The judge in Harvey Weinstein's trial threatened to jail the movie producer Tuesday for his repeated use of his cell phone during court.
At the beginning of court proceedings in New York, Judge James Burke raised his voice and reprimanded Weinstein and his defense team, specifically Arthur Aidala, for Weinstein's use of his cell phones.
"He was calling and texting a minute ago," Burke said to the defense team.
Weinstein said, "I'm sorry" and hung his head at one point. Donna Rotunno, another defense attorney, said she was not aware.
"He was aware," the judge replied.
Burke said this was an "ongoing issue" and referenced warnings at previous hearings. He said he warned Aidala explicitly in "somewhat unrefined terms" about Weinstein's cell phone. Finally, he said that if Weinstein uses his cell phone in court one more time he will be taken into custody.
"Mr. Aidala, this is on you if he blows it," Burke said. "I am pointing my finger at you."
When Aidala apologized on behalf of Weinstein, Burke said, "I'm not looking for apologies, I'm looking for compliance."
Before the hearing began, two court officers at different times told Weinstein to stop using his phone several times.
The hearing came a day into the start of his New York trial on sexual assault charges for allegedly raping and sexually assaulting two women. In addition, Los Angeles prosecutors on Monday charged Weinstein with raping one woman and sexually assaulting another in separate incidents in 2013.
In a statement, Weinstein's spokesman, Juda Engelmayer said the phone use was a misunderstanding and blamed a bailiff for telling the judge.
"The use of his phone prior to the start of the proceeding, before the judge walked in, and from the gallery, was due to the (misunderstanding) of the judge's requirement by Mr. Weinstein's team," Engelmayer said.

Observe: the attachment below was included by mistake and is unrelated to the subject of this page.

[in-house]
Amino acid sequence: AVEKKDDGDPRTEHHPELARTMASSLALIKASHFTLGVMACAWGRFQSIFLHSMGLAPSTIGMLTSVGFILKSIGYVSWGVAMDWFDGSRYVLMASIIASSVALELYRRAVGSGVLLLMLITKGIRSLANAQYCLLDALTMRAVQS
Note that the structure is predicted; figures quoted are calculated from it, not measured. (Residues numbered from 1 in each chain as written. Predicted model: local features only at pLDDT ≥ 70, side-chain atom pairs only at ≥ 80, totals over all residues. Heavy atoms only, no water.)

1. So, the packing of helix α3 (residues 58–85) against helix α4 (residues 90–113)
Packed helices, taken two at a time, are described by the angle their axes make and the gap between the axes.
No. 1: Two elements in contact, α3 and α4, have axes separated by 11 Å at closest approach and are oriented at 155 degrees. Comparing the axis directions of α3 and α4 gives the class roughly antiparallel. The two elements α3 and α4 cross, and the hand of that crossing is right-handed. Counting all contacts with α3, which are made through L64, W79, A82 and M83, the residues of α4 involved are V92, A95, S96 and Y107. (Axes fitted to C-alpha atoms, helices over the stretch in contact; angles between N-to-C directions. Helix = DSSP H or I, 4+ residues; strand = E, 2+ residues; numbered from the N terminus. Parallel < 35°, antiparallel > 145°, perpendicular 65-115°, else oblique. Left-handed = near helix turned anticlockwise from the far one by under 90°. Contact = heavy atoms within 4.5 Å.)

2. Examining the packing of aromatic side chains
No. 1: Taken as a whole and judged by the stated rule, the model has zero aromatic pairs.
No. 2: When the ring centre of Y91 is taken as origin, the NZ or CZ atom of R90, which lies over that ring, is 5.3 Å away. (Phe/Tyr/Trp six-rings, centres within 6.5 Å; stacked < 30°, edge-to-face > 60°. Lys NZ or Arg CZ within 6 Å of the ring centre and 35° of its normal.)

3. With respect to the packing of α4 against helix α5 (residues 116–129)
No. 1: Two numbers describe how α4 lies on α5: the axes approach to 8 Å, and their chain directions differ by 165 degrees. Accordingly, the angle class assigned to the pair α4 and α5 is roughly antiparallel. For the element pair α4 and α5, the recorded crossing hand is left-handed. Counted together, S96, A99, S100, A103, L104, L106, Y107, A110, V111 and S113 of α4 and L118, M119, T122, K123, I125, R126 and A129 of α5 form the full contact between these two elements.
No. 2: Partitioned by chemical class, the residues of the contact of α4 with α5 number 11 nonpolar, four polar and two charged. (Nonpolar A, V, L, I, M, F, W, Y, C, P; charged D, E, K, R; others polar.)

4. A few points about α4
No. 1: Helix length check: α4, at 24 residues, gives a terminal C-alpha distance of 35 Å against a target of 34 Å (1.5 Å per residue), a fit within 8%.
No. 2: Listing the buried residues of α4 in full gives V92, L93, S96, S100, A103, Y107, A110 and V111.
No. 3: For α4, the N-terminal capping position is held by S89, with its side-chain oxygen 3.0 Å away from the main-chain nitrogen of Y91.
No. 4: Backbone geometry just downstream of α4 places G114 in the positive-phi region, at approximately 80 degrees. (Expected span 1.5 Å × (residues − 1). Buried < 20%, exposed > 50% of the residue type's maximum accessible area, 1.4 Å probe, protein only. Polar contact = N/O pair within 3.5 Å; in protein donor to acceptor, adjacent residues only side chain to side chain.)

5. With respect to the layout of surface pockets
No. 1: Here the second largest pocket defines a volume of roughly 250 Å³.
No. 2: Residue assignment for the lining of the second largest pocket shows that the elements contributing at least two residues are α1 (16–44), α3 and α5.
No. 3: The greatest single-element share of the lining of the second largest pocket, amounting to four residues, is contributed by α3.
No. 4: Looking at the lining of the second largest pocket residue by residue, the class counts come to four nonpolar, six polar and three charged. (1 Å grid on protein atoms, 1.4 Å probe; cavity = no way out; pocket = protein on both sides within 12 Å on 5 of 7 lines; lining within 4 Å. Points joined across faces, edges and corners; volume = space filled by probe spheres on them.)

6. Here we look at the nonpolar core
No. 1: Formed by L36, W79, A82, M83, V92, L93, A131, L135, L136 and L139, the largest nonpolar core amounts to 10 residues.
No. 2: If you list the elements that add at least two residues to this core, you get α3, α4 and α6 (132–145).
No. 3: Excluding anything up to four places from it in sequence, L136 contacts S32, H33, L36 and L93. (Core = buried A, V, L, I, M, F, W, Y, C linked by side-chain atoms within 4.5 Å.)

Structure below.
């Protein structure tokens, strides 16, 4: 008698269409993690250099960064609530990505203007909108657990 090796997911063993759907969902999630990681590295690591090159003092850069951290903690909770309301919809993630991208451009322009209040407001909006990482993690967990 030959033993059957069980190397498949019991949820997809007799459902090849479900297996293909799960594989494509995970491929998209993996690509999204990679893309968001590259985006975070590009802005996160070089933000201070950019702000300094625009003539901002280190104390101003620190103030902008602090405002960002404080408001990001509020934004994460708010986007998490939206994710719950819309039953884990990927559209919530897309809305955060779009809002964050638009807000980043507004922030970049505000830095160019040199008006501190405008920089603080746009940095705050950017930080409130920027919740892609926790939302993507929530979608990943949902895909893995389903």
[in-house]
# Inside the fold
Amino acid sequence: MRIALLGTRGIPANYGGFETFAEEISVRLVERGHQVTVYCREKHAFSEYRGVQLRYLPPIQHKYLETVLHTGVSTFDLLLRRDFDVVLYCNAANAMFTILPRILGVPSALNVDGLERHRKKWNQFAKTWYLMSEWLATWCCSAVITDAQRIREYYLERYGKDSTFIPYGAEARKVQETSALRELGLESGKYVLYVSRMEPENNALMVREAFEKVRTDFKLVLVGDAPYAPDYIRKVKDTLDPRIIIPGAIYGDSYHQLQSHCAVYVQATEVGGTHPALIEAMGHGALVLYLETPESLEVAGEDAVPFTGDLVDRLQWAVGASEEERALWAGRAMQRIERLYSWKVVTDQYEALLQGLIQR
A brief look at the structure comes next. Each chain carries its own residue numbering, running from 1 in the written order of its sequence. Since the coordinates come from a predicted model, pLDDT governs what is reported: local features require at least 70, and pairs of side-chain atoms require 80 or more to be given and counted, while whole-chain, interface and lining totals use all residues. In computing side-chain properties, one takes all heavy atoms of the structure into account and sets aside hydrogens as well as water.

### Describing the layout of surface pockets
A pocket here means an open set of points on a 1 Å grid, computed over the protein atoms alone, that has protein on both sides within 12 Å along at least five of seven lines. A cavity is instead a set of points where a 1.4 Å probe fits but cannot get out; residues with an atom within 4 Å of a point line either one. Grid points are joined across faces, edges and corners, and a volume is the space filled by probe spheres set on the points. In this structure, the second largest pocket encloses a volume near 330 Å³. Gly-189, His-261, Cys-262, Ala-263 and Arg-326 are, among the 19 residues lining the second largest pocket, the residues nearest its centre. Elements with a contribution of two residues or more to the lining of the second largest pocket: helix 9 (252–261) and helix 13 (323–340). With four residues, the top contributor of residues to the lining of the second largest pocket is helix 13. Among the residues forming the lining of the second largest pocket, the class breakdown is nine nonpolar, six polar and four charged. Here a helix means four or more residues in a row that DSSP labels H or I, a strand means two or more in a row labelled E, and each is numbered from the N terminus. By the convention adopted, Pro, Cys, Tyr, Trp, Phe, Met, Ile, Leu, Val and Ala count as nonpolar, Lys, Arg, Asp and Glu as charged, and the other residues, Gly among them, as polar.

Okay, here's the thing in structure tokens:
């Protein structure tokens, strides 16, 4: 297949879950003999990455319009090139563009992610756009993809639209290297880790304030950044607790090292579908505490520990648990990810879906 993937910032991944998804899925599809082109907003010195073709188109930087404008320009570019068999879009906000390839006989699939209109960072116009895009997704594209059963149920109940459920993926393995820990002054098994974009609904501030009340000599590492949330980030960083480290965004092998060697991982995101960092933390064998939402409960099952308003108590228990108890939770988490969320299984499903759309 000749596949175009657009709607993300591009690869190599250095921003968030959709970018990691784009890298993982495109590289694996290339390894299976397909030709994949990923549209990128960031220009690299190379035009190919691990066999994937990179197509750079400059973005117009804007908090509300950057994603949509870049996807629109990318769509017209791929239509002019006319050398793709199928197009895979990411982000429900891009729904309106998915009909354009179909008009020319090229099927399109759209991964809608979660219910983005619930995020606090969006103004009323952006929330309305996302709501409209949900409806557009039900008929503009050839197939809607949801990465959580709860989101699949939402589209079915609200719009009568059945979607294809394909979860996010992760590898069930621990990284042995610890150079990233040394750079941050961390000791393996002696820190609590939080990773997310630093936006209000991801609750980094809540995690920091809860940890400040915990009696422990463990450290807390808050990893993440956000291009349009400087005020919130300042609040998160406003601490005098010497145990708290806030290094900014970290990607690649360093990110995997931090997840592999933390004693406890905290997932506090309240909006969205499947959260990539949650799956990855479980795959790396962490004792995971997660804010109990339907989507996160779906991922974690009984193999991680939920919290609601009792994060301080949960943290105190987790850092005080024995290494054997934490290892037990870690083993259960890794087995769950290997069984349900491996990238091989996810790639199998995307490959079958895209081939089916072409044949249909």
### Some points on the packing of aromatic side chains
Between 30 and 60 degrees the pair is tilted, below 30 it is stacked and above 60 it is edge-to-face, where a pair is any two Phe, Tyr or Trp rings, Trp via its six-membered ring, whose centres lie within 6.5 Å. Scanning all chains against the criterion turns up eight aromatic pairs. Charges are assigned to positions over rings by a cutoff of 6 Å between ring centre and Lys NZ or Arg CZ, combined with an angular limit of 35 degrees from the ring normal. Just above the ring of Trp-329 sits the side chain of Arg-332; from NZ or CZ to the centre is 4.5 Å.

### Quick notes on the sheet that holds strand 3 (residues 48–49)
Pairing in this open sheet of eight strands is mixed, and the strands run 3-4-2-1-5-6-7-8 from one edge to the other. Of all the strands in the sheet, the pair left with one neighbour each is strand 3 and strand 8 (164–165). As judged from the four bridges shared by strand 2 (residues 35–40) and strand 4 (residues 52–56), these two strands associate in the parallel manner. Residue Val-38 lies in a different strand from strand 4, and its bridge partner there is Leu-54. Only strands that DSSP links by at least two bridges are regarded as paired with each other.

"This whole scene could have been avoided had the bailiff, who saw his attorneys handing Mr. Weinstein his phones and reported it to the judge prior to his walking in, would have simply advised him then not to use it."
Weinstein team asks to delay trial
Tuesday, Aidala argued that the trial should be adjourned because a jury could not be impartial given the new charges in Los Angeles. Aidala asked for additional time during jury questioning to address the jury's knowledge of the case or to add a question on the jury questionnaire about it.
Burke denied both of those requests and said jurors will be instructed to presume Weinstein's innocence, as he has not been convicted of any crimes.
Prosecutor Joan Illuzzi asked the court to remand Weinstein into custody given the seriousness of the latest charges brought against him in LA. Illuzzi said remanding him would ensure he attends court and suggested he was a flight risk because of his financial means.
The defense, arguing against the remand, said that the warrant hadn't been put into the national warrant system yet, and the Los Angeles District Attorney's office assured defense attorneys that they won't act on the warrant until the end of the New York trial.
Burke ordered his clerk to request 120 jurors to the court room to begin the jury selection process before he'd let Aidala enter his request for an adjournment into the record. Burke aims to begin opening statements on January 22.